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Acad Emerg Med. 2005 Feb;12(2):169-72.

Pharmacokinetic effects of diphenhydramine or oxycodone in simulated acetaminophen overdose.

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  • 1Division of Emergency Medicine, Washington University School of Medicine, Campus Box 8072, 660 South Euclid Avenue, St. Louis, MO 63110, USA.



To determine the effects of co-ingested diphenhydramine (DPH) or oxycodone (OXY) on the absorption kinetics of simulated acetaminophen (APAP) overdose.


This was an institutional review board-approved, prospective crossover study of ten healthy human volunteers ingesting 5 grams of APAP, 5 grams of APAP + 250 mg of DPH (APAP+DPH), or 5 grams of APAP + 0.5 mg/kg of OXY (APAP+OXY). Serum APAP concentrations (APAPs) were measured hourly from zero through eight hours and again at 24 hours, and basic noncompartmental pharmacokinetic parameters were compared.


For APAP alone, the mean parameters were: maximum APAP concentration ([APAP](max)) 71.8 microg/mL, time to peak [APAP] (t(max)) 1.71 hours, and area under the receiver operating characteristic curve (AUC(0-8)) 318.3 microg-hr/mL. For APAP+DPH, the mean parameters were: [APAP](max) 67.6 microg/mL, t(max) 1.90 hours, and AUC(0-8) 297.7 microg-hr/mL. For APAP+OXY, the parameters were: [APAP](max) 42.9 microg/mL, t(max) 2.87 hours, and AUC(0-8) 232.1 microg-hr/mL. Compared with APAP alone, APAP+OXY had a 27% lower AUC, a 40% lower [APAP](max), and a 68% longer t(max). Co-ingested DPH had no significant effect on APAP absorption, except a 6% decrease in the AUC.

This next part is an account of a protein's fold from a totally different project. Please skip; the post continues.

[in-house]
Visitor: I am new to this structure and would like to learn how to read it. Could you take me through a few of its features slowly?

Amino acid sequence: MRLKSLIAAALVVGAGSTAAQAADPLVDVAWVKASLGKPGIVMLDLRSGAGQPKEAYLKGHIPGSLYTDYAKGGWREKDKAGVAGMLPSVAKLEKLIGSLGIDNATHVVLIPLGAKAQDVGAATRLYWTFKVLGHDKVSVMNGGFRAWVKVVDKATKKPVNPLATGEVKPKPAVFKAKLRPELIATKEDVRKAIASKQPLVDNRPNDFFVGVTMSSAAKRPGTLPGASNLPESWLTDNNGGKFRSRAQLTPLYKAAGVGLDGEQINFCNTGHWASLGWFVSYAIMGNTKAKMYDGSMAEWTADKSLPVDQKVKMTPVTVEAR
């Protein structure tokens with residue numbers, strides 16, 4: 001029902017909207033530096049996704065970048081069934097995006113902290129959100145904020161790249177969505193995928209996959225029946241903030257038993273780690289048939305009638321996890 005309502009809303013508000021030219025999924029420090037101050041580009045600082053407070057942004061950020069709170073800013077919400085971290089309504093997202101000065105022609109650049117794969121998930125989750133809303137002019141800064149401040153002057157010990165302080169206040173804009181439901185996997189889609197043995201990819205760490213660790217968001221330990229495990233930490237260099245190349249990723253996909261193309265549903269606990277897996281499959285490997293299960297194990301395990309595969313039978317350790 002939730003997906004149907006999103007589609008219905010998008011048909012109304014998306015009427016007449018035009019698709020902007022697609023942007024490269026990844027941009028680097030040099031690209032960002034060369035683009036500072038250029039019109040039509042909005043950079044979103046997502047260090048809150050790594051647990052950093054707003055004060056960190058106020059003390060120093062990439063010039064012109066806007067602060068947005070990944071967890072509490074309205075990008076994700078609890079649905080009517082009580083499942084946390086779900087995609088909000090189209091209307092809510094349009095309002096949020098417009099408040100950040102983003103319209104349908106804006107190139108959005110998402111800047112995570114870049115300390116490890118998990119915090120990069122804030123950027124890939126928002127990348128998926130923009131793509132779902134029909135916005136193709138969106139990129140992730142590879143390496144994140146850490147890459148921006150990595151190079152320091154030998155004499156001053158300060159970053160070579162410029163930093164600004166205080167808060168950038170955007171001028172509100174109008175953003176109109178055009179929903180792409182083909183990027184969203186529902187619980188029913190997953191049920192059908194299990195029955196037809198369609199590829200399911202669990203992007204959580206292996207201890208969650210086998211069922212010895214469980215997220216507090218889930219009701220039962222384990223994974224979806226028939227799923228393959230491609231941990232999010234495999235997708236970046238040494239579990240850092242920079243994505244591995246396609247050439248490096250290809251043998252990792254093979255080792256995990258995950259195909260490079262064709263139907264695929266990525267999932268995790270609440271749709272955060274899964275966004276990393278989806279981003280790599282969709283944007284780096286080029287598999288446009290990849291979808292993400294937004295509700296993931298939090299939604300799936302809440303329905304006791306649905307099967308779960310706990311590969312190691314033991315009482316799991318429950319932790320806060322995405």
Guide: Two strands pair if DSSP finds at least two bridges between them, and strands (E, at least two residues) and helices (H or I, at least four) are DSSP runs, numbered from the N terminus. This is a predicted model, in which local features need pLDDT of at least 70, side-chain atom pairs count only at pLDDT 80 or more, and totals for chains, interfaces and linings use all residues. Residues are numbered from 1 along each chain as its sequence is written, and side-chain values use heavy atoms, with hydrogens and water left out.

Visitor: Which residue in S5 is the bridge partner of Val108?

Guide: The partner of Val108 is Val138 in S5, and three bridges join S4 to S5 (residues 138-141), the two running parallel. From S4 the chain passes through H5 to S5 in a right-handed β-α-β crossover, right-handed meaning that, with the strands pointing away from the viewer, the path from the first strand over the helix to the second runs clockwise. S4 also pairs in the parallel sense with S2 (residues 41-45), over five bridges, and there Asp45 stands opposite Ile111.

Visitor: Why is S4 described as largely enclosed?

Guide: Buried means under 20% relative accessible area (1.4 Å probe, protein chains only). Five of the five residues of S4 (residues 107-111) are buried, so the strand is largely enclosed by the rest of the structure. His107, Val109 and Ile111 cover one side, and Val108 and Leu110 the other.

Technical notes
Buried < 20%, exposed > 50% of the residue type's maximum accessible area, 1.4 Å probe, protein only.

Co-ingested OXY, but not DPH, delayed absorption of APAP. This suggests a potential role for activated charcoal administration beyond one hour postingestion after mixed ingestions that include OXY.

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